The IPI global network welcomes Malawi’s release of journalist Macmillan Mhone following his arrest on cybercrime charges. However, we call on authorities to drop all charges against him. Malawi must ensure that its cybercrime law is not abused to target journalists.

On April 8, the police’s Cyber Crimes Division in Blantyre detained Mhone, who works for the online news site Nation Publications Limited. Authorities have reportedly charged him with “cyber spamming”, “publication of news likely to cause fear or public alarm”, and “extortion” under Malawi’s Electronic Transactions and Cyber Security Act.

Additionally, police transferred Mhone from Blantyre to Lilongwe Police Headquarters, 300 kilometers away from his home and family. There is concern that this move was an attempt to intimidate him. Authorities released Mhone on bail the following day, pending further investigation.

Mhone’s arrest stems from a story published in August 2023 by the online news outlet Malawi24, where he worked at the time. The story said that businessman Abdul Karim Batatwala was using proxy companies to circumvent a court order barring him from conducting business with the government due to corruption and fraud charges.

This is at least the second time in less than three months that press freedom has come under attack in Malawi. In February, journalist Gregory Gondwe was threatened after exposing corruption related to the supply of military equipment.

Let journalists work without reprisal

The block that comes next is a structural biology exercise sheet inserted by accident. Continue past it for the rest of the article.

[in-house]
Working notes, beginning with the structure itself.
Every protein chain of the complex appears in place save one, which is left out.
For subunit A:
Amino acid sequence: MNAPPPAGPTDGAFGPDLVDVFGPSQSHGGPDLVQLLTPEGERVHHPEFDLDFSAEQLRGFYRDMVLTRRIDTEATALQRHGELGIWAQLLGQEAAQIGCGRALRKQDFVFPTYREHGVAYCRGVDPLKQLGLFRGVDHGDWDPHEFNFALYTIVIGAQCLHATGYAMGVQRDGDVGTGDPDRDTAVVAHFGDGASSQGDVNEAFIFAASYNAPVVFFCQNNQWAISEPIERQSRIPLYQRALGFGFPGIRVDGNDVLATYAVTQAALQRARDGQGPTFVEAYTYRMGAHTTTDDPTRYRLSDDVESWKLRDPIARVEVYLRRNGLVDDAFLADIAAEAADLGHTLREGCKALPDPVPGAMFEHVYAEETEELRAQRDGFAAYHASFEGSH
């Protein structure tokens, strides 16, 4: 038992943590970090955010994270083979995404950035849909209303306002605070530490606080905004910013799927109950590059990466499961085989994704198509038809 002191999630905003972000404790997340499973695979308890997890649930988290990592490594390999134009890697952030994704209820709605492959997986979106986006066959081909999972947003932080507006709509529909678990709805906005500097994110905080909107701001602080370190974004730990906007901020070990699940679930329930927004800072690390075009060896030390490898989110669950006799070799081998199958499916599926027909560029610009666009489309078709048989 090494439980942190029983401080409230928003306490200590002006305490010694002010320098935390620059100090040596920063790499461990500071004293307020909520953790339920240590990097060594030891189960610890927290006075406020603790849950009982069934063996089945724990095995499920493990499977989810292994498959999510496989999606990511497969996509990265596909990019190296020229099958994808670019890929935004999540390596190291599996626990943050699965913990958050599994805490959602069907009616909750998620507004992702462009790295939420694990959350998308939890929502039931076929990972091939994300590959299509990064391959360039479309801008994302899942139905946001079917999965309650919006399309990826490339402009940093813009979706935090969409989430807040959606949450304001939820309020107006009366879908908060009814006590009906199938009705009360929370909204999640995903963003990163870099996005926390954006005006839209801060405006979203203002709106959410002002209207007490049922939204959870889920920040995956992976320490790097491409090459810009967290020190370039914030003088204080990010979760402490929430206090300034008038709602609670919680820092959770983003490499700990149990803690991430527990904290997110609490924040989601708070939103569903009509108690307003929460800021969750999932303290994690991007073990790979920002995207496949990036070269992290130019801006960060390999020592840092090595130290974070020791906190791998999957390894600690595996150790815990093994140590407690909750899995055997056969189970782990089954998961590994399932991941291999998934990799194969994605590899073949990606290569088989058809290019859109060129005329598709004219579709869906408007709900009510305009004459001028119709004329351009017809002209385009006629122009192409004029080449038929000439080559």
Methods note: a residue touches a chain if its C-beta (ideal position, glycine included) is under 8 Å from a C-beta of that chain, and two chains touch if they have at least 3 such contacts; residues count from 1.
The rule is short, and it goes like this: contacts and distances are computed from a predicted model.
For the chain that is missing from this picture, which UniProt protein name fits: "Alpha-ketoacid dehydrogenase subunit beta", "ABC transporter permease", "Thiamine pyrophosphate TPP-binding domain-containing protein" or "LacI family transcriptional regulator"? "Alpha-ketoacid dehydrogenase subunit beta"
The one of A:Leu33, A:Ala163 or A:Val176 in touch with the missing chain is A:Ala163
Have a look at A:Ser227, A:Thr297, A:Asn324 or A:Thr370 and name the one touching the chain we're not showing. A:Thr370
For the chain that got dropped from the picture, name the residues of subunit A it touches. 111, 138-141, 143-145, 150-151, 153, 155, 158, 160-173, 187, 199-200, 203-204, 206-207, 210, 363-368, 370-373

IPI calls on the authorities in Malawi to respect media freedom and stop harassing journalists for doing their job.

“The continued targeting of journalists in Malawi for exposing corruption is a cause for concern. Authorities must allow the media to perform its watchdog role without fear of reprisals. Police should instead channel resources toward investigating alleged corruption,” said Nompilo Simanje, IPI Africa Advocacy and Partnerships Lead.

Following the arrest and transfer of Mhone, the Media Institute of Southern Africa (MISA) Malawi chapter also demanded Mhone’s release. It emphasized the story in question did not in any way cause fear or public panic.

Simanje added: “The increasingly abusive use of cyber laws to stifle press freedom and silence critical journalists is very worrying. Malawi must ensure its cybercrime law aligns with regional and international standards on press freedom”

The use of the Electronic Transactions and Cyber Security Act to charge Mhone points to a larger global trend of using cybercrime laws to target journalists. IPI calls on the authorities in Malawi to stop weaponizing the law to undermine fundamental freedoms.